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When I try to ssh using an encrypted key held in ssh-agent, I get the following (using ssh -vvv):

debug1: Next authentication method: publickey
debug1: Offering RSA public key: /home/cowens/.ssh/id_rsa
debug3: send_pubkey_test
debug2: we sent a publickey packet, wait for reply
debug1: Server accepts key: pkalg ssh-rsa blen 279
debug2: input_userauth_pk_ok: BLAH
debug3: sign_and_send_pubkey: RSA BLAH
debug3: input_userauth_banner
Access denied
Access denied
Connection closed by BLAH

I can log in if I force it to use a password (ssh -o PreferredAuthentications=keyboard-interactive -o PubkeyAuthentication=no) and then, after I disconnect (so it isn't a ControlMaster thing), I can ssh using keys without a problem:

debug1: Offering RSA public key: /home/cowens/.ssh/id_rsa
debug3: send_pubkey_test
debug2: we sent a publickey packet, wait for reply
debug1: Server accepts key: pkalg ssh-rsa blen 279
debug2: input_userauth_pk_ok: BLAH
debug3: sign_and_send_pubkey: BLAH
debug1: Authentication succeeded (publickey).
Authenticated to BLAH ([BLAH]:22).
debug1: channel 0: new [client-session]
debug3: ssh_session2_open: channel_new: 0
debug2: channel 0: send open
debug1: Entering interactive session.
debug2: callback start
debug1: Requesting authentication agent forwarding.
debug2: channel 0: request auth-agent-req@openssh.com confirm 0
debug2: fd 3 setting TCP_NODELAY
debug3: packet_set_tos: set IP_TOS 0x10
debug2: client_session2_setup: id 0
debug2: channel 0: request pty-req confirm 1
debug1: Sending environment.

The server is using Active Directory to store the user information, so I assume it has something to do with that, but I have worked in environments where AD was used with Linux in the past and not had this problem.

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1 Answer

up vote 5 down vote accepted

Without knowing the specific details of how the machine is set up, I can only offer you a hypothesis. Microsoft Active directory is built on LDAP for user/directory information and Kerberos5 for authentication/encryption.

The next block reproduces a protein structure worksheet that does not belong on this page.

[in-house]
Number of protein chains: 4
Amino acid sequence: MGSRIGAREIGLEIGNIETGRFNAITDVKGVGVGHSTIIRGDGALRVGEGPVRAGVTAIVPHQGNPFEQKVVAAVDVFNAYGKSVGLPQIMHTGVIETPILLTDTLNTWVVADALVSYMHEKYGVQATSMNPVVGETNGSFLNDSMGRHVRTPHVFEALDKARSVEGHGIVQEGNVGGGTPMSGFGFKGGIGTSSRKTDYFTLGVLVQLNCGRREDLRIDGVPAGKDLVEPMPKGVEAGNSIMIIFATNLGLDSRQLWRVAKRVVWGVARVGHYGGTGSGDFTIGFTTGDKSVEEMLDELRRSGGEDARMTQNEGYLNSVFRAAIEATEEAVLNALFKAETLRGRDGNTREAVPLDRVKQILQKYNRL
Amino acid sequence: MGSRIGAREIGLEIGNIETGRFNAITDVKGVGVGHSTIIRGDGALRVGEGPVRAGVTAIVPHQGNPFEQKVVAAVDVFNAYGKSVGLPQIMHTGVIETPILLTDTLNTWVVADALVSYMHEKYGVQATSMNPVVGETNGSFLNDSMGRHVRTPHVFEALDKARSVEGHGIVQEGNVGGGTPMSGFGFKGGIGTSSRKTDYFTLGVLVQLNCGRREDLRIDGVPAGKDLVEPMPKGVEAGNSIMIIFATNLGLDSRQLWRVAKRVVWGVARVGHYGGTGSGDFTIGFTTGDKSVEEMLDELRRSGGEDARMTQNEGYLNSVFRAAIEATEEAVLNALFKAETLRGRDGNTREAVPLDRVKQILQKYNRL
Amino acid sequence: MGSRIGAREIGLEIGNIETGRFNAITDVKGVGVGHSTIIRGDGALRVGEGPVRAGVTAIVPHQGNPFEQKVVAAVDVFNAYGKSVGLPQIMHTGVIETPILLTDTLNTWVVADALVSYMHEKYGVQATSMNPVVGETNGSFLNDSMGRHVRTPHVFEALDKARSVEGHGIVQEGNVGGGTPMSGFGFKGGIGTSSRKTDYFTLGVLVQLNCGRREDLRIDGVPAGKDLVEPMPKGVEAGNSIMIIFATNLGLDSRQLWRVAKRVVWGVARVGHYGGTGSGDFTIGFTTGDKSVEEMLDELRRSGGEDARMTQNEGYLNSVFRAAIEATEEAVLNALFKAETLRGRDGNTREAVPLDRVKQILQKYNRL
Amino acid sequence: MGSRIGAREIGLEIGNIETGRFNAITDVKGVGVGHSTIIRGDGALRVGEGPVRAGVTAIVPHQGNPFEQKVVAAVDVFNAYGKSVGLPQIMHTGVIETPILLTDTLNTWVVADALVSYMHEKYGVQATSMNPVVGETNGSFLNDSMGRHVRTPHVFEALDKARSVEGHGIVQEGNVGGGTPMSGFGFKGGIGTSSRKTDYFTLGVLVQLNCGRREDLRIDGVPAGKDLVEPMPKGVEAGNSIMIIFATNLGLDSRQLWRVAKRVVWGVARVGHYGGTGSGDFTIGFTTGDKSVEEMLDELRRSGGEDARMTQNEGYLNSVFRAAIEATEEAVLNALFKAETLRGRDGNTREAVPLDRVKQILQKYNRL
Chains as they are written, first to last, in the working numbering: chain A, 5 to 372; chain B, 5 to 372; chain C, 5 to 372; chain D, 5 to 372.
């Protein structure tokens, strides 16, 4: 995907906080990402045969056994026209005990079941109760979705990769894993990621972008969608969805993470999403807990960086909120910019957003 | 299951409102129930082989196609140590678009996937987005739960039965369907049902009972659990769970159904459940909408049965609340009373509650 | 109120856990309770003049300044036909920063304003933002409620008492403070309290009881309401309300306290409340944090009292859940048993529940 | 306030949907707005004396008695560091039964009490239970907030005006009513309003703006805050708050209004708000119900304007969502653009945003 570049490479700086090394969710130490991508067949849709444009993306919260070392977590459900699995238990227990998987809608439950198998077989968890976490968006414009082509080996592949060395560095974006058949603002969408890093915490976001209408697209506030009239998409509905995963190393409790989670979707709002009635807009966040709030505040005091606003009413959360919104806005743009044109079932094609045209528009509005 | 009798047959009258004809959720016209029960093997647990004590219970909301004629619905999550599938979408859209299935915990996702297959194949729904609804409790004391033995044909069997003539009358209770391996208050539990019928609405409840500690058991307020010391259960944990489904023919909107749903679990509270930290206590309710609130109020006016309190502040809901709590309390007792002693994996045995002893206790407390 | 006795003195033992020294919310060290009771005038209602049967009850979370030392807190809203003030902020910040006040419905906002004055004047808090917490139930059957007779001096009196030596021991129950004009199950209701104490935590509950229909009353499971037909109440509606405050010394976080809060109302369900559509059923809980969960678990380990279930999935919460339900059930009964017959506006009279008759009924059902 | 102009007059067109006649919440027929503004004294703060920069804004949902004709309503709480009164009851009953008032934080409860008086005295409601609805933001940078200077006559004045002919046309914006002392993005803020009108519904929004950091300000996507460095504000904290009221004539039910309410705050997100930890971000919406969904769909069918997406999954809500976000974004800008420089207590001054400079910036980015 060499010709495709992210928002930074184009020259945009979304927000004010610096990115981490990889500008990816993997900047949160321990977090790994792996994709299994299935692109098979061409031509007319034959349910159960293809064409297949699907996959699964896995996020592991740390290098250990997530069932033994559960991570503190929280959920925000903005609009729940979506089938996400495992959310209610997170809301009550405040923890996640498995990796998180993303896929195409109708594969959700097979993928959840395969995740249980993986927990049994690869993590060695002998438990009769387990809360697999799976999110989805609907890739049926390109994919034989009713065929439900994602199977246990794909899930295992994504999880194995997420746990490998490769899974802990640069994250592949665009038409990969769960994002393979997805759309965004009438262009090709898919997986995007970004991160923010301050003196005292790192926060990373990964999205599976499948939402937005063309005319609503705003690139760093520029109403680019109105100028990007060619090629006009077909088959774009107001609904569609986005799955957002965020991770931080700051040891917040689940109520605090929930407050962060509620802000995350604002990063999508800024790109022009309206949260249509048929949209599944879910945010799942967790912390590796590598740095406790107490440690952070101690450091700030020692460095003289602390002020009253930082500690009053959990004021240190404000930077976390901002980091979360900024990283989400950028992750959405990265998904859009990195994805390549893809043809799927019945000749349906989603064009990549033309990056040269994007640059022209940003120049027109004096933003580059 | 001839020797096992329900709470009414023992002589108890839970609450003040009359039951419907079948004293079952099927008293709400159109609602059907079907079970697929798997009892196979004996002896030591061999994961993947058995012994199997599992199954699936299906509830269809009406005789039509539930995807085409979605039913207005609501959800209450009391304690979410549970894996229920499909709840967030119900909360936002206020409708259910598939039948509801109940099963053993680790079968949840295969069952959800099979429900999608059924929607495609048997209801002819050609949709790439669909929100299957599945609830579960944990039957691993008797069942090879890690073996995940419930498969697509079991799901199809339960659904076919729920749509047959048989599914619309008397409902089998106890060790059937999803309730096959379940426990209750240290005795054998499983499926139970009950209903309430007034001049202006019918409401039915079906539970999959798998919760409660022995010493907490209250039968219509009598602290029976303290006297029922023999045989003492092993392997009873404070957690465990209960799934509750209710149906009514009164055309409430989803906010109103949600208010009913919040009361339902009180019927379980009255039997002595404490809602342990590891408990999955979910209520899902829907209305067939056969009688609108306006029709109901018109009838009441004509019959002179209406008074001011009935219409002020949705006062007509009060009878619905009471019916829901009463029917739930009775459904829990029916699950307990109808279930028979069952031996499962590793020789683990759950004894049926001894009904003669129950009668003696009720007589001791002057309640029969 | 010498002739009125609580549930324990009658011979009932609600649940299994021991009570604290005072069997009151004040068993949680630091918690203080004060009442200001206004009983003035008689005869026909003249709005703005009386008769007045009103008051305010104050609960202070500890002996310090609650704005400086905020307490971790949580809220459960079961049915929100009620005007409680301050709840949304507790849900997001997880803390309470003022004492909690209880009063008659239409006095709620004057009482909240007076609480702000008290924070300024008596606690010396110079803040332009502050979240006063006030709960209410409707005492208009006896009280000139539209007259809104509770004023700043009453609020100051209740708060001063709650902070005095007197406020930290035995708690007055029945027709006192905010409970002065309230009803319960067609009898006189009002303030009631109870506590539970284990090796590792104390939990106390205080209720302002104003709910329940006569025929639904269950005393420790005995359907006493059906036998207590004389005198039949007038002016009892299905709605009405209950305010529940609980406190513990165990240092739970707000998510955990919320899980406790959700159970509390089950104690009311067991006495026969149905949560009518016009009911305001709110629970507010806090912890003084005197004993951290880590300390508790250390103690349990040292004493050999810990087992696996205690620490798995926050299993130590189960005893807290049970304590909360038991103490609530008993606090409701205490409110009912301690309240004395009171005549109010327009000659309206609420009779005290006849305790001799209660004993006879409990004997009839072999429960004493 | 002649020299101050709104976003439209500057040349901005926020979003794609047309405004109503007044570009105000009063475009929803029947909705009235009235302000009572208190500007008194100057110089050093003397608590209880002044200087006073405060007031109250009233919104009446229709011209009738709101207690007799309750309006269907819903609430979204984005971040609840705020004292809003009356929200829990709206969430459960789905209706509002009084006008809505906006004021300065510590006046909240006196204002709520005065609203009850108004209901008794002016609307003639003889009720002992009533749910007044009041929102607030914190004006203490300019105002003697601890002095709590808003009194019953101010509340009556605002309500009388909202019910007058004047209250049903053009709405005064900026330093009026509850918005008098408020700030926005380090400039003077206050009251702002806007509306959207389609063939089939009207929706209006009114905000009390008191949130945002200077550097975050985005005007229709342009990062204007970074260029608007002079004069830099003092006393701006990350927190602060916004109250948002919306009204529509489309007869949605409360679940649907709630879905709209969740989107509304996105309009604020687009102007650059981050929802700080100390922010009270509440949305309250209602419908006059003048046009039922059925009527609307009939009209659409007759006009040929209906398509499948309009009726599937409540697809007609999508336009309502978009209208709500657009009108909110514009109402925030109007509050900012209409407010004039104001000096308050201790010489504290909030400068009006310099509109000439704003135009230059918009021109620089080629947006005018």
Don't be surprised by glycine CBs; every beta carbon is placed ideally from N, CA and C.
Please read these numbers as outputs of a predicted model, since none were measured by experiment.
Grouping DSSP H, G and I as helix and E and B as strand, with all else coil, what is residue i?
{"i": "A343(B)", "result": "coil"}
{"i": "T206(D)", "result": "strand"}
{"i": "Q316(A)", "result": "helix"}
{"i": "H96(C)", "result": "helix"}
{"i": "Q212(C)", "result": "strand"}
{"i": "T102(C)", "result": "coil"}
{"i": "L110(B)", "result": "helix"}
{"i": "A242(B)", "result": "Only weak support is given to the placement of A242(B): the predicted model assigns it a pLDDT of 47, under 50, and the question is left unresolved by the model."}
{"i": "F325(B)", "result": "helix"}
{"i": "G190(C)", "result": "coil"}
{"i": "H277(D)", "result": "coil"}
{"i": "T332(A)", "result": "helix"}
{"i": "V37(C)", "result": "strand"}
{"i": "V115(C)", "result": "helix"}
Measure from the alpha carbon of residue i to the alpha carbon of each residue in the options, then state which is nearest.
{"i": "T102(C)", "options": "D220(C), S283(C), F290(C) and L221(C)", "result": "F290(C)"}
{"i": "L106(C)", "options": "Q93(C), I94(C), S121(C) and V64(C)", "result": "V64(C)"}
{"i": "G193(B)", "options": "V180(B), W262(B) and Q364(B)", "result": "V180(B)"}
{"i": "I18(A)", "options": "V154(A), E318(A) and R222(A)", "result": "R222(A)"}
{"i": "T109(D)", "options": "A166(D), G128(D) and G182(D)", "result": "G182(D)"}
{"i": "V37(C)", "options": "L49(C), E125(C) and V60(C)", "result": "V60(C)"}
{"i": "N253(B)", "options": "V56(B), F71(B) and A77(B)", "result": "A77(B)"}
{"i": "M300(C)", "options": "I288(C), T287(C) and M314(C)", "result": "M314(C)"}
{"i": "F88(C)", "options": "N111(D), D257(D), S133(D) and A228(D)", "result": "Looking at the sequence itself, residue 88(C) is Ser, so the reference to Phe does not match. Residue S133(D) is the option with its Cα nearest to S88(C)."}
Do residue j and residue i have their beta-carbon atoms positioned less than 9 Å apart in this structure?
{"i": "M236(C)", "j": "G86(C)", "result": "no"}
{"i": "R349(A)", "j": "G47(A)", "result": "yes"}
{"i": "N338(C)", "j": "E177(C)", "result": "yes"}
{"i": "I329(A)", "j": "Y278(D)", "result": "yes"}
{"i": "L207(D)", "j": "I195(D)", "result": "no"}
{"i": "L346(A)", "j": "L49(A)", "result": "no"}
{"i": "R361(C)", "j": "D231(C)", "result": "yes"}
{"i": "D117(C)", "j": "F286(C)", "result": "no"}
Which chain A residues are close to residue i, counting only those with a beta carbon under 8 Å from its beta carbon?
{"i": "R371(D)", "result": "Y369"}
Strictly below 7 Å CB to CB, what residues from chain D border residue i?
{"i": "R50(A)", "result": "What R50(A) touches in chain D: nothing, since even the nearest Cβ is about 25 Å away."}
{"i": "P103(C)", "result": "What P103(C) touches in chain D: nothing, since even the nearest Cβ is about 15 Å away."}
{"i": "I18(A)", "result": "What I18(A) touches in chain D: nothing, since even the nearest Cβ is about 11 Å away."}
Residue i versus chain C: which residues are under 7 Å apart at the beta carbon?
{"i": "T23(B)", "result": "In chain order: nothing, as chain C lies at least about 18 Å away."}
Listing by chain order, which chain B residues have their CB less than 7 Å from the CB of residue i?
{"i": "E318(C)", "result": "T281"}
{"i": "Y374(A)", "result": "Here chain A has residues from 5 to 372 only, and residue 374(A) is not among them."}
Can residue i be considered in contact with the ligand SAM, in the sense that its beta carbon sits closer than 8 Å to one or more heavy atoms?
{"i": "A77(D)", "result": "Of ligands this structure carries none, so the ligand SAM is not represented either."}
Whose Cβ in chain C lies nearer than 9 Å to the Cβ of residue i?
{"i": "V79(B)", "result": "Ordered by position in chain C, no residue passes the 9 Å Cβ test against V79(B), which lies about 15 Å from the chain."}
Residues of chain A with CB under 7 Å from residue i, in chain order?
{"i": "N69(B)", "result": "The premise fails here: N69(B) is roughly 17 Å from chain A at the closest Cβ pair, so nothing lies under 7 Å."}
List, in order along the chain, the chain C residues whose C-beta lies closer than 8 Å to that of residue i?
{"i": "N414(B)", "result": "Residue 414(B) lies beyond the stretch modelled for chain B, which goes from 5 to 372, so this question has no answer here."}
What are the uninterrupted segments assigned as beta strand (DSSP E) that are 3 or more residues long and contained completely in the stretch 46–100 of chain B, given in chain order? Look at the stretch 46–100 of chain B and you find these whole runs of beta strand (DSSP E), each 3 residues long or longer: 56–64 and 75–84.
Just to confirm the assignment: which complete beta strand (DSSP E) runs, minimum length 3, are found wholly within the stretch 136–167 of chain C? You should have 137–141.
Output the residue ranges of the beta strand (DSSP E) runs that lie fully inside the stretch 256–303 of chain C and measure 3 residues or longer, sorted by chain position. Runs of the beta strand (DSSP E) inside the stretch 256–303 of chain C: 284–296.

So, here's the core of it. When you authenticate to the Kerberos system, you get issued a ticket. This ticket is the cryptographic credentials the operating system uses on your behalf to identify you across the network, for example. These tickets typically have a limited default lifetime. My guess in this case is around 10 hours.

Your ssh keypair won't work because some component on that server is configured such that it requires your ticket and getting issued a kerberos ticket requires your password. Once it's been issued to you (on that machine) it's available for whatever configured components are depending on it. Once it has expires, you need to authenticate to get a new one.

I'm familiar with using pam_krb5 and libnss-ldapd for this type of situation; I'm not familiar with the others. If my guess is correct, once you're at your shell, type 'klist -v' to see if you've been issued a ticket.

Hope this helps.

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klist -v produced an error for me, but klist by itself shows two things that started when I logged in and expire 10 hours later, so I am guessing those are the tickets. This is likely the culprit if it requires my password after the expires time. –  Chas. Owens Jan 23 at 17:01
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